"O Canada" has a storied past. Canada's national anthem was commissioned in 1880 by the Lieutenant Governor of Quebec for that year's Saint Jean-Baptiste Day ceremony. Some of the English version used today was penned in 1908 by Robert Stanley Weir, who wrote new lyrics instead of using the French version. Weir's lyrics were amended twice in the 20th century and the variation, in addition to the French, became Canada's official national anthem in 1980. People rarely think about it. Besides hockey games and Remembrance Day it rarely gets played, and even then it isn't sung with much gusto.
In the speech from the throne last week, MichaÃ«lle Jean, Canada's Governor General, announced that a committee would be formed to consider rewording a portion of "O Canada." The line, "True patriot love in all thy sons command," is problematic. For one thing, it is factually incorrect. Canada may inspire some men to be truly patriotically in love with it, but not all (The "true" was taken from a Tennyson poem; it means faithful or loyal). The bigger problem is that it leaves out more than half of the population of Canada. Presumably Canada's daughters should be allowed to love and feel faithful and patriotic towards it. The line as is suggests that women can't feel emotion or that Canada doesn't command it.
The prime minister chooses the Governor General and also tells her what to say in the speech from the throne. We could save a lot of time if we cut out the middle-women (in this case Jean and Queen Elizabeth, whom she represents) and cut to Harper's views on this matter. It certainly seemed like a waste of time when he repealed the committee announcement, stating that Canadians don't want the anthem changed.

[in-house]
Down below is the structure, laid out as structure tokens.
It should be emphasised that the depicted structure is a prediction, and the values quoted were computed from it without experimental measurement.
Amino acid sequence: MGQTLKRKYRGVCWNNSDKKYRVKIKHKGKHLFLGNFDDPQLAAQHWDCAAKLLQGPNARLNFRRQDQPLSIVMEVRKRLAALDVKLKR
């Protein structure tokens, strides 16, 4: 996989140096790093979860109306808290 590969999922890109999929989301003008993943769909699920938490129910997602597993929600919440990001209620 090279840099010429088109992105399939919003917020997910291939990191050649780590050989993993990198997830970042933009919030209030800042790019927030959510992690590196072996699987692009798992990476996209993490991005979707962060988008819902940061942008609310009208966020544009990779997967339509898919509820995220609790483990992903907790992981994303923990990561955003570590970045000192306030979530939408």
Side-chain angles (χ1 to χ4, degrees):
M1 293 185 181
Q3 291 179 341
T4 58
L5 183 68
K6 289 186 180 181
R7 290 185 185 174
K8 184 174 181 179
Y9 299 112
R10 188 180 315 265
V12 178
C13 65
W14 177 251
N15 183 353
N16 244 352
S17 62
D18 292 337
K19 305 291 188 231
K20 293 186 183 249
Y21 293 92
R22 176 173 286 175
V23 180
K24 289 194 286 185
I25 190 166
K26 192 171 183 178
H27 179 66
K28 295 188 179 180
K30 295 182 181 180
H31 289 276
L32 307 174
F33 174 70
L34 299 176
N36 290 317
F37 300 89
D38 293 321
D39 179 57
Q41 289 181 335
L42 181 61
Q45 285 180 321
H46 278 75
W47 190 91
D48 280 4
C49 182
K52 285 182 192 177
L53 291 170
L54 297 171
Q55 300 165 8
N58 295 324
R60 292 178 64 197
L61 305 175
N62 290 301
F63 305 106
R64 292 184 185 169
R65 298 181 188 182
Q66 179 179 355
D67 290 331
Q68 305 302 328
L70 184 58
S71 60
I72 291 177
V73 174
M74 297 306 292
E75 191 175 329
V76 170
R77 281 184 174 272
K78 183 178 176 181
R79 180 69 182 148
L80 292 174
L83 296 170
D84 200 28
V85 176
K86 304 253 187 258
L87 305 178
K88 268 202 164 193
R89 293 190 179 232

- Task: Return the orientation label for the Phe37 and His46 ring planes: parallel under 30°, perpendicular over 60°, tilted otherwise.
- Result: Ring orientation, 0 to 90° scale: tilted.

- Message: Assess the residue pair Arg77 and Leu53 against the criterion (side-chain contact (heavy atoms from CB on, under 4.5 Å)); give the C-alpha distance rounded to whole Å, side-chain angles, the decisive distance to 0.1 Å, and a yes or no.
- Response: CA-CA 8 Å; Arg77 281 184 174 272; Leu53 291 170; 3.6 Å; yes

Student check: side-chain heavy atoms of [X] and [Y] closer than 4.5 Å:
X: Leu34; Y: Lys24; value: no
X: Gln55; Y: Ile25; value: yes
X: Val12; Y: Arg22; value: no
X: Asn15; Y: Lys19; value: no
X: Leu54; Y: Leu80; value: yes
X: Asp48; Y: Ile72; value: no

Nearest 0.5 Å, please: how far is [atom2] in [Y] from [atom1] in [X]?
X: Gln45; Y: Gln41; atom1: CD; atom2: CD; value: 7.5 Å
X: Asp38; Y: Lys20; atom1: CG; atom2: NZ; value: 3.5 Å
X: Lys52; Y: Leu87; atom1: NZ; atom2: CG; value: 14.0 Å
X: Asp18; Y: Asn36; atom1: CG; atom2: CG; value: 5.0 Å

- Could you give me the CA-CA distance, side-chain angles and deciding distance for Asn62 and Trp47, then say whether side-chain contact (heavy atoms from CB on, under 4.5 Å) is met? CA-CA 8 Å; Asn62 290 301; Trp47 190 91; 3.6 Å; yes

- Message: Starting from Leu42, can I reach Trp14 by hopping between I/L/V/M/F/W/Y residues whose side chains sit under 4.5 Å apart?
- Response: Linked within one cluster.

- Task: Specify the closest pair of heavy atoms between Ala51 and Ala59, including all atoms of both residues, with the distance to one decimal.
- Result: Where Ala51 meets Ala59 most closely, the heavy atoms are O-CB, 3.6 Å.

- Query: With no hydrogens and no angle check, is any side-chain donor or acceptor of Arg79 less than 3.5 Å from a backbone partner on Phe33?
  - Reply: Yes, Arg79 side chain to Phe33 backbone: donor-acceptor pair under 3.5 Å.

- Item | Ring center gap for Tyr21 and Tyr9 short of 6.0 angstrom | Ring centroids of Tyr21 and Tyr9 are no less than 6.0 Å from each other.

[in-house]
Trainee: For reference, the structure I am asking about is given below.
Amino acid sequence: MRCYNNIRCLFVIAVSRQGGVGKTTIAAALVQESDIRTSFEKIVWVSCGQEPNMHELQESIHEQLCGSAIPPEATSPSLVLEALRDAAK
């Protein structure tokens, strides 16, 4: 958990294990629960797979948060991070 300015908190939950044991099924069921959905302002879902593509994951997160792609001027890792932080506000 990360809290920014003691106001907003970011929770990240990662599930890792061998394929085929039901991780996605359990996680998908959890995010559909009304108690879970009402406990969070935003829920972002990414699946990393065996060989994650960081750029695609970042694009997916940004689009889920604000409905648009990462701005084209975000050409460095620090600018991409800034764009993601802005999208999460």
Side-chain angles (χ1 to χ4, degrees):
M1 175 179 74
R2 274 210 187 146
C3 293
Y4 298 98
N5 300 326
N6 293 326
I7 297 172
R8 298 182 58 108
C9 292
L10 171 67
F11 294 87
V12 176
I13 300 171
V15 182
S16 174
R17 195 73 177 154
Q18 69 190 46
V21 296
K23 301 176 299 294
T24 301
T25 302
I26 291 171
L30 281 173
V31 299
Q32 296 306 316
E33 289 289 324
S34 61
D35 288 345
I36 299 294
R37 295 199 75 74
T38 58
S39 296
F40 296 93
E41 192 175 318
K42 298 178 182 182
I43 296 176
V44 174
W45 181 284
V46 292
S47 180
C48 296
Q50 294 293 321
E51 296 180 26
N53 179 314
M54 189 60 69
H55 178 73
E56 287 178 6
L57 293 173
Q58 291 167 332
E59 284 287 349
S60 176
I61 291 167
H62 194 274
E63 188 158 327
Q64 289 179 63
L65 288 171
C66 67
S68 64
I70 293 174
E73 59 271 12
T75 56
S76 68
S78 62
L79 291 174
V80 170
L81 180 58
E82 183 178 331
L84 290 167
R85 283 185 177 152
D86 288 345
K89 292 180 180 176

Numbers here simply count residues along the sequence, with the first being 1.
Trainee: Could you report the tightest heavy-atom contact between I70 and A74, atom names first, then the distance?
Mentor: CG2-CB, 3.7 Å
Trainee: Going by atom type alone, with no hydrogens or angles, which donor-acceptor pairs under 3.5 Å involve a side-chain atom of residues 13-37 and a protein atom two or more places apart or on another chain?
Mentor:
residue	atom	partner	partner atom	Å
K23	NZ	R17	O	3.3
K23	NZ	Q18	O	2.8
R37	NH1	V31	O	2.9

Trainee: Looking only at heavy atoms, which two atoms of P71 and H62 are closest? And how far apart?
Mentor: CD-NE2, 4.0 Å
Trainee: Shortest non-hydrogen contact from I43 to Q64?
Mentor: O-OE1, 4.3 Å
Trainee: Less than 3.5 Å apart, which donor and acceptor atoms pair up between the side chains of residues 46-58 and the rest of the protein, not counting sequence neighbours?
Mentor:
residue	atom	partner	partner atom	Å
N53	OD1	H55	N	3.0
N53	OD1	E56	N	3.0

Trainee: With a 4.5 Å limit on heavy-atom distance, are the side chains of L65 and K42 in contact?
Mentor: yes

This might be true. There are a lot of Canadians who don't care; many who do care think that the anthem should be kept the same because it reflects the values of Canadians. Tradition, after all, shouldn't be messed with, they say. Besides, everyone knows that "sons" refers to both genders, it's just that people wrote differently back in 1880.
But for all its charms, the anthem should be revised. The half-serious issue I mentioned about ambiguity is important, because we should write (and sing) what we mean and we mean that men and women are inspired by Canada. I don't like the line either way -- instead of revising it to make it gender neutral we should dump it for something else. (What kind of love is commanded? Is that the kind of love we should want to feel? No.) To start, we should work in some of Weir's original lyrics, like his line "The land of hope for all who toil, the land of liberty." That's a good line.
Of course, what update to an anthem would be complete without getting rid of the references to God? At the time it was assumed that everyone believed in God and they all agreed that it was the same Christian one. Now, it isn't only atheists who are bothered by the reference, but also polytheists. For monotheists, the lack of identification of which god in particular might cause a stir. Can we accommodate them all? Yes, but the anthem would be made considerably longer, and would include the phrase "or, but not both, unless you're 'spiritual,' not religious" in between every deity name. Hockey would never be the same.
The better option is this: let's get rid of the divine reference in the anthem. Secularism doesn't deny a place for religion, instead it promotes neutrality. I can hear the ruckus now: "Canada was founded as a Christian nation! It's enshrined in our constitution," and so on. Canada was also founded as a country that only believed in rights for white, Christian men who owned property. Respecting tradition is not the same thing as accepting history's doctrines. There is still some liberty to toil for.